The National Weather Service said that several storms moving from the Southern Plains to the Ohio Valley through midweek could bring heavy rainfall and "widespread flooding concerns" as several inches of rain are in the forecast.
"As far as the rest of the country, especially across the Southeast and parts of the South, we have very heavy rain that's going to bring the potential for flooding," Fox News Senior Meteorologist Janice Dean said Tuesday on "Fox & Friends." "North of that, that's where we're going to see the snow, but the flooding is going to be the main concern, and perhaps even severe weather throughout the day."
According to Dean, a stalled front draped across the South is behind the flooding rain. As of Tuesday morning, flood warnings and flash flood warnings were reported in parts of Alabama, Mississippi, Georgia and South Carolina.
Schools opened late or closed Tuesday in parts of Alabama, Mississippi and Louisiana because of flash flooding.
Dozens of roads were underwater in low-lying areas across the Tennessee Valley after hours of rain, and cars crept along flooded streets in downtown Birmingham. Video showed vehicles leaving wakes behind them, with waves slapping the side of a building in Yazoo City, Mississippi.
The Mississippi Emergency Management Agency said that evacuations were ordered in Leake County after a levee break in the town of Carthage.
At least five homes were evacuated after water was reported in the yards on some properties, according to MSEMA.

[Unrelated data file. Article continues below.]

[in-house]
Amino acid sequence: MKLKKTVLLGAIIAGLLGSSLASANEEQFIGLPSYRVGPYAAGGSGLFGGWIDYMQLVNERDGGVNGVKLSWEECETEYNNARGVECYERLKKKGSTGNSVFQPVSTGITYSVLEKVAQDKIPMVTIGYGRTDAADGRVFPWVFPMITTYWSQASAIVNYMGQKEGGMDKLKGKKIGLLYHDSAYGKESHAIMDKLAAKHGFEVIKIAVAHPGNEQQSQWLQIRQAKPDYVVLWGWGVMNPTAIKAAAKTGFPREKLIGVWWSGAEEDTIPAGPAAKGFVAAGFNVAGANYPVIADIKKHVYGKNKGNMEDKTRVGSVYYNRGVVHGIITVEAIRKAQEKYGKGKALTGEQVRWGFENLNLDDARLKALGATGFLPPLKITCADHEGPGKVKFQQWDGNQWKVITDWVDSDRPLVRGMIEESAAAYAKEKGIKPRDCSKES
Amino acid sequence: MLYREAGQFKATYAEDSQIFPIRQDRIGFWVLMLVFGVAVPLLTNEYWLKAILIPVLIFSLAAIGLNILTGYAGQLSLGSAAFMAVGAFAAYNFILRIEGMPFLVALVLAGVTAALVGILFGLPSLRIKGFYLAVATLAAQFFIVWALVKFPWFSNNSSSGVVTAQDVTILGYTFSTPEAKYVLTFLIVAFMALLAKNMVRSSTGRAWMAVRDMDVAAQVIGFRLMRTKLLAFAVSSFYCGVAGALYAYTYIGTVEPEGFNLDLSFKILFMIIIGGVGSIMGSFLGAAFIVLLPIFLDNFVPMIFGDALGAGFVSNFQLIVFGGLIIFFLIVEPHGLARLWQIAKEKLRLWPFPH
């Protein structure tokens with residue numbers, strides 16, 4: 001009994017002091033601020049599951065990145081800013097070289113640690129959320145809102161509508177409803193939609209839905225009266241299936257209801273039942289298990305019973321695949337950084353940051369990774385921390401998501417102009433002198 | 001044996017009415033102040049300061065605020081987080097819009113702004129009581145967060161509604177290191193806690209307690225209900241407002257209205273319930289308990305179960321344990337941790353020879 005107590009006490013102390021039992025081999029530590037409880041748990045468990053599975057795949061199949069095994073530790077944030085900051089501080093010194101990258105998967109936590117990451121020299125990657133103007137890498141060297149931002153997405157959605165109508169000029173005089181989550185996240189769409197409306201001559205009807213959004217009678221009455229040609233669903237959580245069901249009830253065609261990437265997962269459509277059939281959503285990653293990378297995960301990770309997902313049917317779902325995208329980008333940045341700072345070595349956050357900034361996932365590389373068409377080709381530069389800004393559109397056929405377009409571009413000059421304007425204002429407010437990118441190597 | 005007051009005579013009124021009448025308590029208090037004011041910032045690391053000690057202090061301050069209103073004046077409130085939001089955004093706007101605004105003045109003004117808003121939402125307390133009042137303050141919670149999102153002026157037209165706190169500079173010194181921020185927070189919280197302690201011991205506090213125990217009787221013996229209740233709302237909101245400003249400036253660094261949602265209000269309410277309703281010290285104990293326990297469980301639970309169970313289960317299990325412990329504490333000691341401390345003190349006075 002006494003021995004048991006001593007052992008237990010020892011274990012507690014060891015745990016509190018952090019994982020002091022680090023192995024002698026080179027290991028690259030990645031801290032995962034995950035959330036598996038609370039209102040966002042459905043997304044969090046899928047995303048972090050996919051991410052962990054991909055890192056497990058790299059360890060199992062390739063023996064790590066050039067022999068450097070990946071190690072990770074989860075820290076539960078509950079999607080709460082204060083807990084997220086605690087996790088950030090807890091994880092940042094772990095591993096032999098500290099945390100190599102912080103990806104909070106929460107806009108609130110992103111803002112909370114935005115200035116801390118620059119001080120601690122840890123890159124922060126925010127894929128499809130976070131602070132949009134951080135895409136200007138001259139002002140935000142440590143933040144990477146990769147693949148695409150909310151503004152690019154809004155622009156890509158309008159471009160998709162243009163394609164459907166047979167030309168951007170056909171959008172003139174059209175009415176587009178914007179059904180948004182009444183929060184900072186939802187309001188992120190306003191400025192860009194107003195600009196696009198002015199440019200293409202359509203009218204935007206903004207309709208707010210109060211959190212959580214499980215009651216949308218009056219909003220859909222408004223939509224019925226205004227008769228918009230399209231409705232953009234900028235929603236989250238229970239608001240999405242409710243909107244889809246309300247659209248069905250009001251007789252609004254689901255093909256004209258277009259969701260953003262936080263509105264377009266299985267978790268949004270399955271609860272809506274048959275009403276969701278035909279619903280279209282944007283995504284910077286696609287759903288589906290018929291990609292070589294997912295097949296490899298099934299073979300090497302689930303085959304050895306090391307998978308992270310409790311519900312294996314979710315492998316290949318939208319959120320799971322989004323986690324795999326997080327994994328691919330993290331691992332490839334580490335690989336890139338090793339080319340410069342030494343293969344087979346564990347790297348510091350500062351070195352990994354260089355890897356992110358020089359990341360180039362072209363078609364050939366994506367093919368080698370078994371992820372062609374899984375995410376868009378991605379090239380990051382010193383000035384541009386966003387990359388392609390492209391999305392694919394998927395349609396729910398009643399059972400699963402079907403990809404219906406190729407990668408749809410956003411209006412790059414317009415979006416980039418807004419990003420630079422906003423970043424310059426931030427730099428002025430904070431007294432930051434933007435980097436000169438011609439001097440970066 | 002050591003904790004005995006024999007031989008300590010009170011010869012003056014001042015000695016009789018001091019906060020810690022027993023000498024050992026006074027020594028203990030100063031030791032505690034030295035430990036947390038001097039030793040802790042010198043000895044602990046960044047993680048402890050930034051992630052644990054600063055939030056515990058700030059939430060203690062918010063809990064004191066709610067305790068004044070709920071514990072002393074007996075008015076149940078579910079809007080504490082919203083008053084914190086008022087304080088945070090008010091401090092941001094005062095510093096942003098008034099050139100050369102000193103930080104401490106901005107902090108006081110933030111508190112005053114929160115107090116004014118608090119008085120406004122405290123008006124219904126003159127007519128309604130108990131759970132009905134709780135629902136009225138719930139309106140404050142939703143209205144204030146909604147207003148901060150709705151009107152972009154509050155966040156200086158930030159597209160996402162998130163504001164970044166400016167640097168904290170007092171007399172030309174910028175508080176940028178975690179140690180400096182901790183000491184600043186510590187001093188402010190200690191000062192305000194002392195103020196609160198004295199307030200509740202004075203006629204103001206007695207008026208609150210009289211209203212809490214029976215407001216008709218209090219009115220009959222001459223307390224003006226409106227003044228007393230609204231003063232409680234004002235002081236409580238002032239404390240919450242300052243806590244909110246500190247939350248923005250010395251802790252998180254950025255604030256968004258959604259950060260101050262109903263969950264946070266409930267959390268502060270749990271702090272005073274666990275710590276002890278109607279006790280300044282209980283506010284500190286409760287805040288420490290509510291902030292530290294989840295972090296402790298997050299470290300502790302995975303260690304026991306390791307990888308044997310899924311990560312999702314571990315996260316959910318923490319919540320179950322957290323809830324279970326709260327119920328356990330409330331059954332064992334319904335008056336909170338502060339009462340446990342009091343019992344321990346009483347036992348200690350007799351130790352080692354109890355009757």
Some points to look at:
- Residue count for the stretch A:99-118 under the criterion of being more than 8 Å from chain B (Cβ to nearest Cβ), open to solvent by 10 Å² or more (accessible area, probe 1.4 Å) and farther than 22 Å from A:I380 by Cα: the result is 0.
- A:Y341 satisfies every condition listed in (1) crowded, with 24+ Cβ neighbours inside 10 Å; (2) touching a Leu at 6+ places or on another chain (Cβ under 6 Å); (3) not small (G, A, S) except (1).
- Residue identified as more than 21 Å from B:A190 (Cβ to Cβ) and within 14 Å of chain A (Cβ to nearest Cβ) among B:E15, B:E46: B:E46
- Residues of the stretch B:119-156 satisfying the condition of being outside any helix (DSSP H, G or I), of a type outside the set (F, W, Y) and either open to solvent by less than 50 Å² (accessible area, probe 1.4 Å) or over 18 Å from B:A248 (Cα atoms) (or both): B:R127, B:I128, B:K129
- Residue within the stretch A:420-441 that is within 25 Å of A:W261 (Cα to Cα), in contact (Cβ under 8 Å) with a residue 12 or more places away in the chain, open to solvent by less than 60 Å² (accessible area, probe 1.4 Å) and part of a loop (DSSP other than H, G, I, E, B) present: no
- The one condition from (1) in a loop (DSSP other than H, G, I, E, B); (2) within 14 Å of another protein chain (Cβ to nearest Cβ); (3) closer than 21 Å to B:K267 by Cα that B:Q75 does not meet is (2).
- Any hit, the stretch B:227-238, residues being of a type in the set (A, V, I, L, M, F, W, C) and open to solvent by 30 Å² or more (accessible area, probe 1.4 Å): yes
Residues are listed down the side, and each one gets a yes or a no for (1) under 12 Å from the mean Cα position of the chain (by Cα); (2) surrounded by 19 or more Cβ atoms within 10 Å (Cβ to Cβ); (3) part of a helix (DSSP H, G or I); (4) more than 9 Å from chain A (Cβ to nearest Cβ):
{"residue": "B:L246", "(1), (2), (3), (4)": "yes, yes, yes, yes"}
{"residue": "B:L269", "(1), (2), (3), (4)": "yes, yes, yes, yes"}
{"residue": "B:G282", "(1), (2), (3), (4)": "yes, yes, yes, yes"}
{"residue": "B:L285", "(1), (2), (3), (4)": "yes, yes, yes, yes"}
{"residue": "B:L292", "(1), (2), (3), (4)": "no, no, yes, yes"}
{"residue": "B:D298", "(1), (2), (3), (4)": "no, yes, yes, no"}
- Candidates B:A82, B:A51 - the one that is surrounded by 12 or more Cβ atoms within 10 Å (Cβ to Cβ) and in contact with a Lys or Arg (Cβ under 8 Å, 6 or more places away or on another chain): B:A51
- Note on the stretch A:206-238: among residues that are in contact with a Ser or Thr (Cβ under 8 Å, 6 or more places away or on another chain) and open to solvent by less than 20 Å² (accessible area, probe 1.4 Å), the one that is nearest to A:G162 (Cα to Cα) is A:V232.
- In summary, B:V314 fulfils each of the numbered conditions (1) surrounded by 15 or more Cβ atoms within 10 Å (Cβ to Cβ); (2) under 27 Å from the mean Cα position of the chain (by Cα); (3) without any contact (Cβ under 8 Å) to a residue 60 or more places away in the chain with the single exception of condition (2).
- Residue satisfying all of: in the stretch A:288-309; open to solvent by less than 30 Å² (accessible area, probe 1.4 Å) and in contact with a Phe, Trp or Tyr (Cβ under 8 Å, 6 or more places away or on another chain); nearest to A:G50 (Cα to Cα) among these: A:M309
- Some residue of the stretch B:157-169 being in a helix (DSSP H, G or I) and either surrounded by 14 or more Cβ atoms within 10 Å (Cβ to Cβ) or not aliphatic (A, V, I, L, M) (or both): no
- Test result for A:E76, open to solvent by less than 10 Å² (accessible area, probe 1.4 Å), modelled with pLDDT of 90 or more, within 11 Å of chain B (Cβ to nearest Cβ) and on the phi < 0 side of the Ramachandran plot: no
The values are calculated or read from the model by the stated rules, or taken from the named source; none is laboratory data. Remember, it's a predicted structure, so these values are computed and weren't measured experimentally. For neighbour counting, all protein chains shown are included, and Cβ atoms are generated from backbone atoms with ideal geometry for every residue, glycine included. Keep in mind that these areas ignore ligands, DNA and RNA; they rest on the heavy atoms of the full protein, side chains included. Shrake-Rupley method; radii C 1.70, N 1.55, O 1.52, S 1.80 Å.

In eastern Mississippi, officials in Starkville said the water at Oktibbeha County Lake had once again reached a critical level just weeks after heavy rains caused a mudslide that put the earthen dam in danger of failing.
Pumps had been used to lower the lake level by about 8 feet since mid-January, the Starkville Daily News reported, but the water rose again because of storms.
“I am concerned with the amount of rainfall we are expected to receive this week, we could possibly exceed the level where we were in January,” said a statement by Kristen Campanella, emergency management director in Oktibbeha County.
In Alabama, a Cullman County deputy was injured Tuesday morning in a crash as heavy rain hit the area. Officials told WBRC-TV that dispatch lost contact with the deputy and the officer's wrecked cruiser was discovered along a highway afterward.
Brad Williams with the Cullman County Sheriff’s Office told WBRC-TV the deputy was found unconscious and rushed to an area hospital, condition unknown. The deputy’s K9 was also injured in the crash and taken to an area veterinarian.
Flash flood watches and warnings stretch from eastern Texas into the western Carolinas. The Tennessee Valley Authority said some of its rivers and lakes had as much as 550 percent of their normal rainfall for this time of year.
More than 2 inches of rain fell on Monday in spots, and the NWS said another 4 inches could fall by Tuesday night. After that, potentially severe storms will move across the region, the NWS said. Parts of the region are still soggy from heavy rain last week. In north Alabama, some flooded roads remained closed.
To manage all of the water, the TVA will continue storing water in large mountain reservoirs to help reduce flooding downstream, James Everett, senior manager of the Tennessee Valley Authority's River Forecast Center, said in a briefing. The agency plans to adjust its strategy for water storage and flows depending on how much more water falls on the already saturated ground, he said.
"We're getting a brief break in rainfall today, but we expect it to pick up tomorrow through Thursday," Everett said.
The Associated Press contributed to this report.